ROLLINSFORD, New Hampshire — As of 2021, the world population is estimated at about 7.8 billion people. At the same time, the world population without access to a safe and sanitary latrine is estimated at about four billion people. This means more than half of the people on Earth do not have access to safe and reliable sanitation. As a result, open defecation remains a common practice in many parts of the developing world. This practice leads to contaminated water supplies, which accelerates the spread of disease. Fortunately, the Tiger Toilet sanitation system provides a possible solution.
The Tiger Toilet Sanitation System
Traditional toilets rely on water treatment plants and septic tanks, both of which are expensive to install and maintain. The Tiger Toilet is unique in that it eliminates the need for both of these pieces of infrastructure while still upholding high safety standards.
The way it works is simple yet innovative. Instead of waste falling into a bowl of water, it falls into a compartment full of tiger worms. In nature, tiger worms rely on the droppings of domesticated animals like cattle and horses to survive. So, they are just as comfortable in a Tiger Toilet as they are in the field. The worms do not try to escape since their survival depends on the waste. The worms process the waste by transforming it into water, carbon dioxide and compost. The final waste product has barely any odor and can actually be used as fertilizer.
Pathogens are what cause disease and bacteria to spread. They are a large reason why open defecation is such a dangerous practice. With the Tiger Toilet, 99% of pathogens are no longer present in the final waste product. The worms decrease the waste to no more than 15% of its original volume. The only other by-products are water and carbon dioxide. To put this into perspective, not even septic tanks in developed nations can boast these kinds of statistics. The Tiger Toilet is very safe even though it uses little technology.
In addition to the environmental benefits, Tiger Toilet resolves two other major issues. The first issue is maintenance. Standard plumbing systems require constant maintenance. When they are introduced into developing areas of the world, communities are not always properly trained on how to maintain the systems or they simply lack the money and manpower. Tiger Toilets as old as five years, which is when they were first implemented, have not required any form of maintenance yet.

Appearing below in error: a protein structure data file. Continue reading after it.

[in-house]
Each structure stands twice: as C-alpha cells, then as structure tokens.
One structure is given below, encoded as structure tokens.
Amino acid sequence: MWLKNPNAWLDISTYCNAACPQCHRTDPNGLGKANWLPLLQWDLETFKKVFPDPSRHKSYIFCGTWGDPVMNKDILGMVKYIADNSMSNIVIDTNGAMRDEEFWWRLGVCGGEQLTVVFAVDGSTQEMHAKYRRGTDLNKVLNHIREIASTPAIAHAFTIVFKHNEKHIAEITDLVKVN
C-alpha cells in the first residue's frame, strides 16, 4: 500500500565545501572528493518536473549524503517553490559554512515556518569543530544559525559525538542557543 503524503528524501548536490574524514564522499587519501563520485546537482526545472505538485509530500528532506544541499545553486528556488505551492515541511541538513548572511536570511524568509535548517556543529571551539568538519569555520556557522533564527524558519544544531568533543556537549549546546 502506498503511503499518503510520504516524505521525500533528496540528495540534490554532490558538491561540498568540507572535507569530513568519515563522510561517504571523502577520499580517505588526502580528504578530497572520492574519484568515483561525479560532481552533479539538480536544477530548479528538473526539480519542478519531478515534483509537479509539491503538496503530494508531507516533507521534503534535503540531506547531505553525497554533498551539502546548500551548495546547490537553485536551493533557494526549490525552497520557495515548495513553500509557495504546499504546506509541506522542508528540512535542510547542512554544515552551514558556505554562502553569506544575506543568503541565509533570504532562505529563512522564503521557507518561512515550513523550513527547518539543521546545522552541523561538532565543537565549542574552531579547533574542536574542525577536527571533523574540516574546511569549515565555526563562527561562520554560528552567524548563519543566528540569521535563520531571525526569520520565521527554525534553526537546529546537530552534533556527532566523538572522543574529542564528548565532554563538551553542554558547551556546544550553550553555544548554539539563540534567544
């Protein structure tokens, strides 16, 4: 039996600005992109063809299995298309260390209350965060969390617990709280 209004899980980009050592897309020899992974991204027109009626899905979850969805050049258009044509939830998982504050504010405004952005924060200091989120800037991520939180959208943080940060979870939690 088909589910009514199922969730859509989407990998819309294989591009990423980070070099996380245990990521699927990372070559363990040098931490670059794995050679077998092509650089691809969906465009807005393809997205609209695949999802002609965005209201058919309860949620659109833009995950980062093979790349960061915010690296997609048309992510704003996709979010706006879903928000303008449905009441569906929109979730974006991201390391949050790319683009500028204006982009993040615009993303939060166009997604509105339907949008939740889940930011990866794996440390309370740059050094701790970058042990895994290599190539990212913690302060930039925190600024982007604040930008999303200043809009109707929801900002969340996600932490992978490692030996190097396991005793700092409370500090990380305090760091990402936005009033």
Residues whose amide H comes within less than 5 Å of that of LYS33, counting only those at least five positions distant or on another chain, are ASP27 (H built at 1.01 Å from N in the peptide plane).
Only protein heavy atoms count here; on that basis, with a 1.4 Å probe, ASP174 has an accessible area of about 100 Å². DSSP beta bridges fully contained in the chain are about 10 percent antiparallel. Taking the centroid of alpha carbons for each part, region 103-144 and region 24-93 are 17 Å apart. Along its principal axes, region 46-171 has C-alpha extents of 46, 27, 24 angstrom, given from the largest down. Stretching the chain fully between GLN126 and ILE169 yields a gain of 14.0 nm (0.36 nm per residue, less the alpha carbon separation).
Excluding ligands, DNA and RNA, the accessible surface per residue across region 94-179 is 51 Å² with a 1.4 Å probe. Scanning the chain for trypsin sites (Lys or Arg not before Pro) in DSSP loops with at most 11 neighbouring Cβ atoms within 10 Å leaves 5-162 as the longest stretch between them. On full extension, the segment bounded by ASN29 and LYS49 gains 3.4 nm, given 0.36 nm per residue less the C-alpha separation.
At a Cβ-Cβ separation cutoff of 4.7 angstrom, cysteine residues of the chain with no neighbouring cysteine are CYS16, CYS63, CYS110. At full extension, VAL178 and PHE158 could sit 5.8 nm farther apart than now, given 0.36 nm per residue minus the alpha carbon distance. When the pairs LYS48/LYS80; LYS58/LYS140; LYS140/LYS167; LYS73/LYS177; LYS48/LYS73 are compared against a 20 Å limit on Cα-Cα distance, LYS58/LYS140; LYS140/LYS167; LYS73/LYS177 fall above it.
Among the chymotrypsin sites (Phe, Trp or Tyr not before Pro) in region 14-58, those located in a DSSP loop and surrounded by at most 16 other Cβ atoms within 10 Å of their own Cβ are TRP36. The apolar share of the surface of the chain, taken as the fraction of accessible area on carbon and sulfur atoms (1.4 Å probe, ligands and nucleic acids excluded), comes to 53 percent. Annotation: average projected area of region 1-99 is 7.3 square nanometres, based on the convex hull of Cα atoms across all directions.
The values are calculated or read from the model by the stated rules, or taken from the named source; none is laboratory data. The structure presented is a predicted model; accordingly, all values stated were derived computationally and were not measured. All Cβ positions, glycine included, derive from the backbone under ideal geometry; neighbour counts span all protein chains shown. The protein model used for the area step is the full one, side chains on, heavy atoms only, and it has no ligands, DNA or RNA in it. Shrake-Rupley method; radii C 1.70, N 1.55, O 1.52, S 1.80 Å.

In developing nations like India, there is a lack of household toilets so people use communal toilets. Women are often subjected to taunting and harassment at communal toilets. These women then resort to open defecation, which is dangerous for reasons that go beyond health. Research shows that women in India who openly defecate are twice as likely to be sexually harassed or assaulted than those with a household toilet. The Tiger Toilet sanitation systems can be easily installed on home properties, reducing the need for communal toilet use or open defecation.
Interest in the Tiger Toilet has remained high since its debut in 2015. Microsoft CEO, Bill Gates, and his wife, Melinda Gates, granted almost $5 million toward the research and development of the project. USAID also contributed $170,000 for the toilet’s initial testing. With this help, Tiger Toilet now retails for only $350. As a comparison, the average toilet in the U.S. costs about $500. In addition to its low cost, the user can quickly set up the toilet in a day.
Right now, the primary market for the Tiger Toilet is India, specifically rural communities. Other markets include Uganda and Myanmar. As of today, more than 4,500 toilets have been installed in India alone. The biggest obstacle the Tiger Toilet faces is the availability of a sufficient quantity of worms.
This technology can be truly revolutionary for developing nations. It allows for a safe and sanitary alternative to open defecation. Once the most basic needs of a society are met, it allows for growth in other areas. The Tiger Toilet sanitation system has the potential to address the centuries-old global issue of inadequate sanitation.
– Jake Hill